Never did I think that 33-degrees would feel warm, but coming on nearly three weeks of temperatures around 18-degrees during the day with a wind chill of -2 or less, it did! To celebrate, after I fed the critters, I took some time to feed the wild birds and to just watch the sky.
Living so far from anyone, we have a very delicious opportunity to enjoy complete silence -- at least as silent as one gets in the country.
While I crunched along on the icy snow, Waldo, our orange cat, made sure to keep me in sight and to help me with the feeders. As I took the feeders out of trees or off shepherd's crooks, Waldo would scoot up the nearest tree, posing as if he were a cat bird, which, in fact, he was. He'd perch on the most unlikely limbs, bobbing up and down, hanging by his nails and enjoying the reprieve from the bitter cold.
Moose and Anabelle were preoccupied with the Franken-deer they have dragged into the yard, but they paused to chase Lydia, our black and white cat, and to snoop under the feeders to see if there was anything there for puppies. Then, they would return to their cairn, as dogs do.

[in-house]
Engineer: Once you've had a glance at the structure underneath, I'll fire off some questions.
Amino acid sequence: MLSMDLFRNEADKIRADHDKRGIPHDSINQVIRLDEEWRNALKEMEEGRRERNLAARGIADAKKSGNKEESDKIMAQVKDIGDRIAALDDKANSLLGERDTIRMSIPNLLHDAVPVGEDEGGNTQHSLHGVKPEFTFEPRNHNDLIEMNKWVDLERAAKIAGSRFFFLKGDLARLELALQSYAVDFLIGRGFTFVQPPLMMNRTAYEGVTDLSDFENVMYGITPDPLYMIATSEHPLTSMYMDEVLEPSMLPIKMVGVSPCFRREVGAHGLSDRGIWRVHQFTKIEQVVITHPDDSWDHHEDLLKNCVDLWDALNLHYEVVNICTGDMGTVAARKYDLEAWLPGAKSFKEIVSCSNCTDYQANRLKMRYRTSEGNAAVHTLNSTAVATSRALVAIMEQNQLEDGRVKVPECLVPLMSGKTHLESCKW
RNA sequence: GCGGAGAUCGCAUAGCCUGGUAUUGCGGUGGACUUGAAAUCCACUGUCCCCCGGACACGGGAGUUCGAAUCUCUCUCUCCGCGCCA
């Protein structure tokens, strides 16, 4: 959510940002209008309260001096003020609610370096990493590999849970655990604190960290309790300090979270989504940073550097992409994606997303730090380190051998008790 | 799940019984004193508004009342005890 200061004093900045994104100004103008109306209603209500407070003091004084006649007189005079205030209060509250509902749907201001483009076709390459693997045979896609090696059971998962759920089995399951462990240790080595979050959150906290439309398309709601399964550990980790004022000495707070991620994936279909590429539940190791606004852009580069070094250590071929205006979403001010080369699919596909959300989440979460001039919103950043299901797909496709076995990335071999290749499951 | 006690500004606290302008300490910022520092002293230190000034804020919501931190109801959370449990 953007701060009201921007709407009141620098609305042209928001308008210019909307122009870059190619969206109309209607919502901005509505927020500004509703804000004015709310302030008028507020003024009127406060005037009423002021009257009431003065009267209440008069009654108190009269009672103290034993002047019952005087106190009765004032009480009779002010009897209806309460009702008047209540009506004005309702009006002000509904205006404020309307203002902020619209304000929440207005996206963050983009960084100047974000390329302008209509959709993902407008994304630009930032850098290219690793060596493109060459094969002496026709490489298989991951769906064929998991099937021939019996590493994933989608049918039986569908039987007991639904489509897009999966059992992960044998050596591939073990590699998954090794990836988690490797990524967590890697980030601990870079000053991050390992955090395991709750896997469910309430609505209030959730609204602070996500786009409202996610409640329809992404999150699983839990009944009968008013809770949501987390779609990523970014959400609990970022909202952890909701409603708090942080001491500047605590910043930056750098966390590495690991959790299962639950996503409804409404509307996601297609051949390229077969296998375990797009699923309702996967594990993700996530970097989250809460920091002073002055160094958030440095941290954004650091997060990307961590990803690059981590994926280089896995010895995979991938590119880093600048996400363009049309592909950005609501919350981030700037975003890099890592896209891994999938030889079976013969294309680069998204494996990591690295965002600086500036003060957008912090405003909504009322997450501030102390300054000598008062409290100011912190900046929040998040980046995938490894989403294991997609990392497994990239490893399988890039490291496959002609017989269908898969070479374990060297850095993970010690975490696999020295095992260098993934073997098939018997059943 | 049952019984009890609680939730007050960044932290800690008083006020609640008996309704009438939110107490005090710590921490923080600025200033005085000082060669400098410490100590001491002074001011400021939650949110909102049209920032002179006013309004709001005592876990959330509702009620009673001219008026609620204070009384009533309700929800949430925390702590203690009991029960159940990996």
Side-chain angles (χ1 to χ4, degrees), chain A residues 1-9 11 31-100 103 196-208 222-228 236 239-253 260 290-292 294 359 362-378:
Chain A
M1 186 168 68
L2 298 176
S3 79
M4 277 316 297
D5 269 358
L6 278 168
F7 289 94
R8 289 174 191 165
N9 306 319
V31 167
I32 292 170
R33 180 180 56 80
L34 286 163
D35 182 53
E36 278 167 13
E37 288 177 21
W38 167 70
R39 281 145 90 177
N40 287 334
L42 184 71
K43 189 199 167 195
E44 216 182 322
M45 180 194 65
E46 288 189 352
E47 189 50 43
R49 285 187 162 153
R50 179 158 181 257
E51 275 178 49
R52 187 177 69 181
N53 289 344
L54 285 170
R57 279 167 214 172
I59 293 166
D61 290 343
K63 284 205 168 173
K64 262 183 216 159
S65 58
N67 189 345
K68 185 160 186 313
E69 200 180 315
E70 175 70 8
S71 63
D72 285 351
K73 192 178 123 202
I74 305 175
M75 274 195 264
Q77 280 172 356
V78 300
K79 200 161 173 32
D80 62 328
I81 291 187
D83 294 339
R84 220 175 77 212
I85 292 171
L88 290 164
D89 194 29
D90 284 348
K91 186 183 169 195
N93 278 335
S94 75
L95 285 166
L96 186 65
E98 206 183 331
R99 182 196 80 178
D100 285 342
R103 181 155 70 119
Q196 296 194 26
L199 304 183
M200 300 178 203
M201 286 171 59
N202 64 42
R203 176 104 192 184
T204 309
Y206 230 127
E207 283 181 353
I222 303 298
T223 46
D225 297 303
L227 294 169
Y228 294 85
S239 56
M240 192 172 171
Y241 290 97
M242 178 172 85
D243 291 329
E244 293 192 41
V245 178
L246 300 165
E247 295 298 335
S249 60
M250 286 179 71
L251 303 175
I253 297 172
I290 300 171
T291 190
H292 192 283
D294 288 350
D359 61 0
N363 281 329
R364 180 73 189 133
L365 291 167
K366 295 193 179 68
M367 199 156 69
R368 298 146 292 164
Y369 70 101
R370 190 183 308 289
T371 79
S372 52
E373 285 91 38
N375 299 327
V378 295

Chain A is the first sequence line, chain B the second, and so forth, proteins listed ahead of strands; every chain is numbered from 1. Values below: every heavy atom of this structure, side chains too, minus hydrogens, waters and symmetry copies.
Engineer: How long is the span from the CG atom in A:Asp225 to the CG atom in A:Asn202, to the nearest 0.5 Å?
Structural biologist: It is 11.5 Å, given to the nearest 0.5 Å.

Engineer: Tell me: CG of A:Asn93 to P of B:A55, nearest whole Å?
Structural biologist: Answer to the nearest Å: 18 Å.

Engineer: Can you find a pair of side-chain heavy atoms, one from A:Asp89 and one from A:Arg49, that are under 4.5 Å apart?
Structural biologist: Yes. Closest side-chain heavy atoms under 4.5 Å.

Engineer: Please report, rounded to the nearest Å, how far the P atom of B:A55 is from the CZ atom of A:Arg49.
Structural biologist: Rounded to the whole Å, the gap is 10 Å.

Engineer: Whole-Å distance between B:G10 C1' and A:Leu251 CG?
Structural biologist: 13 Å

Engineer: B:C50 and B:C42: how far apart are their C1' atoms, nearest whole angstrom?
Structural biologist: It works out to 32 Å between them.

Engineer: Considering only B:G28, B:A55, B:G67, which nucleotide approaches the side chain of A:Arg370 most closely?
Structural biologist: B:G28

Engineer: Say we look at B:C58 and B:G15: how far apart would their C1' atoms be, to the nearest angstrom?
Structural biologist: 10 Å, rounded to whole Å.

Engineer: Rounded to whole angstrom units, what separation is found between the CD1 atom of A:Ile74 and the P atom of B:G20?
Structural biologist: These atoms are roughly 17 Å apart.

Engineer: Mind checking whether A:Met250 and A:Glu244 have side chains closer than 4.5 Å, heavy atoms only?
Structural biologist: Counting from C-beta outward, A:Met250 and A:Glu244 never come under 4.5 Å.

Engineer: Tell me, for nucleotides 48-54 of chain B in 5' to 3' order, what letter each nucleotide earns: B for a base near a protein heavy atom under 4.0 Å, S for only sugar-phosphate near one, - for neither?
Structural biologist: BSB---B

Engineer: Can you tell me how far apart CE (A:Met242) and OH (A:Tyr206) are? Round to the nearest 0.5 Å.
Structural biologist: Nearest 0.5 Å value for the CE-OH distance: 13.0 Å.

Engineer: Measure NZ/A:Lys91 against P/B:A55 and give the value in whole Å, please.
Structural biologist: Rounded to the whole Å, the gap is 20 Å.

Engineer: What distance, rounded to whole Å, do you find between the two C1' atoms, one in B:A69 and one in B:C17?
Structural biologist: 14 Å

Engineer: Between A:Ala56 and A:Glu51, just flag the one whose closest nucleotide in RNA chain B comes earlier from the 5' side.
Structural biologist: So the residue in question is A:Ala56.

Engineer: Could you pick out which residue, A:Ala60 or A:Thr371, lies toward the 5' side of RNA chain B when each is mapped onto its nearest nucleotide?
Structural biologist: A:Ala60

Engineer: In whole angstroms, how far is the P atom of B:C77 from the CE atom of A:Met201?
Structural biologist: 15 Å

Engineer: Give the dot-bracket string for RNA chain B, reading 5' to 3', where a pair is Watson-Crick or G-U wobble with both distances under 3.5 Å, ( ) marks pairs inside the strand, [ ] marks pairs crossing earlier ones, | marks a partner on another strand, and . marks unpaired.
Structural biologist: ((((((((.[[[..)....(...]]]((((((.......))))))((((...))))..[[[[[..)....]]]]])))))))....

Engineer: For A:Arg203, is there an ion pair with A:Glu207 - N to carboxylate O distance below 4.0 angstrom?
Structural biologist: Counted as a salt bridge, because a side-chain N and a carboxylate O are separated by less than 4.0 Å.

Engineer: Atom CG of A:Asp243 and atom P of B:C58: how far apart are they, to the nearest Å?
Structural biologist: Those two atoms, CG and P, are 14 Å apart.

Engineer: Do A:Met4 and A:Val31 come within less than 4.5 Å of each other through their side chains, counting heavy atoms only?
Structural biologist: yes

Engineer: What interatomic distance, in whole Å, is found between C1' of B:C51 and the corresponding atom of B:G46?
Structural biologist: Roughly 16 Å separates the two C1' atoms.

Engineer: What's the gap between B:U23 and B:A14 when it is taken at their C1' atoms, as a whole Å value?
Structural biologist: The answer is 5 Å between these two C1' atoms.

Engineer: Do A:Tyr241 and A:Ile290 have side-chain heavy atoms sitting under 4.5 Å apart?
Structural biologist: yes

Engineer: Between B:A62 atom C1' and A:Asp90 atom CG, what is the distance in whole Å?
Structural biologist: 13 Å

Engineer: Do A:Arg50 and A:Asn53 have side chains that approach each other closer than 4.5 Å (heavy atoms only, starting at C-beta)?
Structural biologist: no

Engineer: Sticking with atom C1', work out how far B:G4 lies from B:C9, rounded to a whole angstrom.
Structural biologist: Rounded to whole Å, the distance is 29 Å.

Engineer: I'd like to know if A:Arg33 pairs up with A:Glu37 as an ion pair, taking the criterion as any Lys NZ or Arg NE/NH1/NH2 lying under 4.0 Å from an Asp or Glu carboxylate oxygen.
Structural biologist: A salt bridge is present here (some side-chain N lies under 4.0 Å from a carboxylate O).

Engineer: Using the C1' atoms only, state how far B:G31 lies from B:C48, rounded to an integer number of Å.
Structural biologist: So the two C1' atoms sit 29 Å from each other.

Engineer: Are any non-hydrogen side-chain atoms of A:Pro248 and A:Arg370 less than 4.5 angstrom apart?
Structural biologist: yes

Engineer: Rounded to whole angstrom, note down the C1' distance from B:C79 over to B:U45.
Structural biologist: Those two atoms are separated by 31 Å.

Feeders filled, I settled on the front steps to watch the sky a little longer. Snow, sigh, is forecasted yet again tonight. I had forgotten, in all the brittle cold, how the sky takes on a nearly silver-grey colour with charcoal clouds resembling sheep and how it all begins to ebb and flow. The sky becomes nearly fluid as the clouds seem to jocky for position, making sure to fill each inch of the sky. Specks of blue slipped in and out of the coming snow fall; the moon began to rise behind the ridge across from the house, but was shielded from view by the flock of clouds.
All was silent except for the infrequent crowing of Petie, our rooster, or the does' bells as they silently settled into their stalls. The guinea, who sleeps with the goats, announced their arrival with her usual "pot-rack, pot-rack, pot-rack!" Hollie lowed, as mother's do, urging Copper to come settle down for the night. A few birds flitted to and from the feeders for one last snack and then, hush, all we could hear was the creek as it giggled and warpled through the ice toward the river.
The dogs and cats clamor to me, stumbling over my feet and settling in my lap and on either side of me. We sat in silence, watching the deer in the few bare, brown spots on the hillside. How long we sat, I do not know. A calm filled me and I was grateful for home, for silence, for time. Slowly, I realized my hands were growing numb from the finger tips up; the dogs were restless, ready for dinner. The cats were eager to begin their night stalk of the mice and rats in the barns. Regretfully, my reverie over, I stand, turn on the porch and enter the back door.